In times that are anything but normal, it pays to invest in a company that delivers reliable, business-as-usual results, keeps its focus on avenues of growth and holds the promise of market-beating returns.
Verizon's accomplishments during an economically dismal 2008 are impressive:
- invested $17B in capex
- launched a successful $28B bid for wireless provider Alltel
- increased dividend by 7%
- repurchased $1.4B in shares
And its aggressive pursuit of growth paid off: profits jumped 15% in Q4 as demand for its wireless services surged. Verizon also enlisted a record number of new customers for its FiOS fiberoptic TV/internet offering.
Verizon's Alltel acquisition puts Verizon Wireless (a JV with Vodafone (VOD)) in a unique position to benefit from what CEO Ivan Seidenberg sees as $100B in incremental revenue over the next 4-5 years from the sweet spot of wireless, wireless data, broadband and video. Indeed, data revenue soared 44% in 2008 to more than $10B/year. Verizon may some day buy out Vodafone (VOD). Wireless now counts for 55% of Verizon's revenue, and boasts a low churn rate, healthy margins, and a good reputation.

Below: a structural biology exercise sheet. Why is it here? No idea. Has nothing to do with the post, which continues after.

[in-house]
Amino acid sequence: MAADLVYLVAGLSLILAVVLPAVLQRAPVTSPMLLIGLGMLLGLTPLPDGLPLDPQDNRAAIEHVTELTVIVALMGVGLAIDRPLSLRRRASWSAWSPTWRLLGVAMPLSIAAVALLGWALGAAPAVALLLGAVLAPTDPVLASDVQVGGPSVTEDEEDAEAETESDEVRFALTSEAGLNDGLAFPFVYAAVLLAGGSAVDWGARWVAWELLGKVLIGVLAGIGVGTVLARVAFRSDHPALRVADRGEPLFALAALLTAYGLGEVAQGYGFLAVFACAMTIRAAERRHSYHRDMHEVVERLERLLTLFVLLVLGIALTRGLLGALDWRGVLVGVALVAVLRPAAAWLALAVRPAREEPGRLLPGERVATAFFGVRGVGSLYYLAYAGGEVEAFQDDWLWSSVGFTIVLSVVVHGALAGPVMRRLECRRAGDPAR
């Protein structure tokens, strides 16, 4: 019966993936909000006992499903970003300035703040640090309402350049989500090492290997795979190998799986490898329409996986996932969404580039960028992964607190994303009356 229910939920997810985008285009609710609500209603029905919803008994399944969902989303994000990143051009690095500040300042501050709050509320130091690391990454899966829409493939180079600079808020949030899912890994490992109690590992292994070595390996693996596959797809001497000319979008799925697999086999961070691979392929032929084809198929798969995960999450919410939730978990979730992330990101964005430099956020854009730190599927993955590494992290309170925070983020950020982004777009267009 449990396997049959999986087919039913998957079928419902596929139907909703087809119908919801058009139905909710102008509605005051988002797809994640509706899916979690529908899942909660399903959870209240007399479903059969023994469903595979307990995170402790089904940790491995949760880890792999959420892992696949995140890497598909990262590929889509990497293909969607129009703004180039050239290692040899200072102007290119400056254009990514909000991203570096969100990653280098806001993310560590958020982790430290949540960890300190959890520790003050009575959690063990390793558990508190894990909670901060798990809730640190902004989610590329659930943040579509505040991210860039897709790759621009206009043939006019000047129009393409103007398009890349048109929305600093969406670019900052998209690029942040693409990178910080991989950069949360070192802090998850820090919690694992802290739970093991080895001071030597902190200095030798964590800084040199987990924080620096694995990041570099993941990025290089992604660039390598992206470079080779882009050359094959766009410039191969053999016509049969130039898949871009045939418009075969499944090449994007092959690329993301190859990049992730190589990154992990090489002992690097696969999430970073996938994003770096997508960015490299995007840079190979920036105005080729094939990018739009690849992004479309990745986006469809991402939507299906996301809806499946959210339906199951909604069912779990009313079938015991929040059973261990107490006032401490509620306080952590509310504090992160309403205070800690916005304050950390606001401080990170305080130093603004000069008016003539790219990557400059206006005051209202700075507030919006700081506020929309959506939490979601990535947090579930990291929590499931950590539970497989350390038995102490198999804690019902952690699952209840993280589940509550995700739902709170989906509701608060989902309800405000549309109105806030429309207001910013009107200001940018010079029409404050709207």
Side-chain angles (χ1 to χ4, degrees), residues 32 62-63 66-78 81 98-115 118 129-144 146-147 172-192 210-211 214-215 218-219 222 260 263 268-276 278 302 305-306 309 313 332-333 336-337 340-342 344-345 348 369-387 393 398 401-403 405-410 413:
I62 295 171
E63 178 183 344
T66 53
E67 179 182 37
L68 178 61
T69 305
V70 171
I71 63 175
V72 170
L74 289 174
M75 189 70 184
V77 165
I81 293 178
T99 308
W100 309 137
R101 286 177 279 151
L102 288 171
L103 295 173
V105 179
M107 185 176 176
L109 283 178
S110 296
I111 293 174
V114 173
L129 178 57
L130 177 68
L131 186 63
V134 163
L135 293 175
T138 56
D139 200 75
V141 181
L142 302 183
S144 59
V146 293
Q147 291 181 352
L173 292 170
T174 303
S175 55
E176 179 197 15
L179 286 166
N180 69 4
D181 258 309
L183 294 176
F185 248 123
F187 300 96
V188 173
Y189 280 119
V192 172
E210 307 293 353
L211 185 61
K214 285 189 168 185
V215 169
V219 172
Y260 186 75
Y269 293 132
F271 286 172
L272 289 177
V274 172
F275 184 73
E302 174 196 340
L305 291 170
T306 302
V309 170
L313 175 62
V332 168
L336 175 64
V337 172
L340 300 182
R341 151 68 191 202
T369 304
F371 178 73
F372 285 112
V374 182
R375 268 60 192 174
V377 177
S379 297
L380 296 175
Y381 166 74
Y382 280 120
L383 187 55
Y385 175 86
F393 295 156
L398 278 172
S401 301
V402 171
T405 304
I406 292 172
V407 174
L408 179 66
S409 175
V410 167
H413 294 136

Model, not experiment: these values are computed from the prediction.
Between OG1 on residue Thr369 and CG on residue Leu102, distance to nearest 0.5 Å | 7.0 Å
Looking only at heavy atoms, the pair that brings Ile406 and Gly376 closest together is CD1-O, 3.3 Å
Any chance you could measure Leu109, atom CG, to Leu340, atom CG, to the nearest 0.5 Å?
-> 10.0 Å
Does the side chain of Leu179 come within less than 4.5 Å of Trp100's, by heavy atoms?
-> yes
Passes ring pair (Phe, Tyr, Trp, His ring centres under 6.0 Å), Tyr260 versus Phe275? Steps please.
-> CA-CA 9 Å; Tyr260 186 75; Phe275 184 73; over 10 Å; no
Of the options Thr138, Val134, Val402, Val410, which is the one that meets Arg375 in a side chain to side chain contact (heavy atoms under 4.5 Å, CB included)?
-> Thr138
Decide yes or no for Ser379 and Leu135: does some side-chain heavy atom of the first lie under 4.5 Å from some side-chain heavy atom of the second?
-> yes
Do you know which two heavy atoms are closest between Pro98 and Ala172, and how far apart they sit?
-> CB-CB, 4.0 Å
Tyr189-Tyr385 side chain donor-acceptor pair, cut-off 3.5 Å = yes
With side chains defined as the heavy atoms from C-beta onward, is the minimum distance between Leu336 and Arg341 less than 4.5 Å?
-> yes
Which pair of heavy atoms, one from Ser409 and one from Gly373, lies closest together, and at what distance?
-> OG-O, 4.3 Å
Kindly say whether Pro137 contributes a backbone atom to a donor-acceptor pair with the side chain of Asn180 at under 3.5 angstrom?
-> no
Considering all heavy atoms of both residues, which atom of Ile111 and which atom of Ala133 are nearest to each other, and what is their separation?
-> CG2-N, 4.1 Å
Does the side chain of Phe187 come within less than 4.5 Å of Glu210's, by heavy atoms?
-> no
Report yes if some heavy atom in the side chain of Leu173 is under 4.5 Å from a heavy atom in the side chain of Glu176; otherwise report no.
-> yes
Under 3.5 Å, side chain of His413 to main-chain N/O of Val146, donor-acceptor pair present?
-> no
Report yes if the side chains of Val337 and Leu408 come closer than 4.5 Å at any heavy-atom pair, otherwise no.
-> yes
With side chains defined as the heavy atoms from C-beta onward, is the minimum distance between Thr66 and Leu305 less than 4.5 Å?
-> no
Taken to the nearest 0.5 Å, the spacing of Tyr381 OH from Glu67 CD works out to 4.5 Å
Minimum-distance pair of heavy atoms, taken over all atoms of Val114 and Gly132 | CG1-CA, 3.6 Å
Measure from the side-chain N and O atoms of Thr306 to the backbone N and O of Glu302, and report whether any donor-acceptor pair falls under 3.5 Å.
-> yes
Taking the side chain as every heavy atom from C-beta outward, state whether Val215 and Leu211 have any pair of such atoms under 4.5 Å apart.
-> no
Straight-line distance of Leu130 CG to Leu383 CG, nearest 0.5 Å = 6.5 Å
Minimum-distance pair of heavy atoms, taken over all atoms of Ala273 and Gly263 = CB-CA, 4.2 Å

"You're able to buy good quality at a reasonable price," investment officer Cliff Hoover says. He praises Verizon's stable free-cash flow and 6% dividend yield, and says he sees shares ($30) being worth $41-42 over the next couple years. Money manager Richard Arvedlund also likes the yield, which at twice that of the long-term bond, and a cheaper tax rate of 15%, are compelling.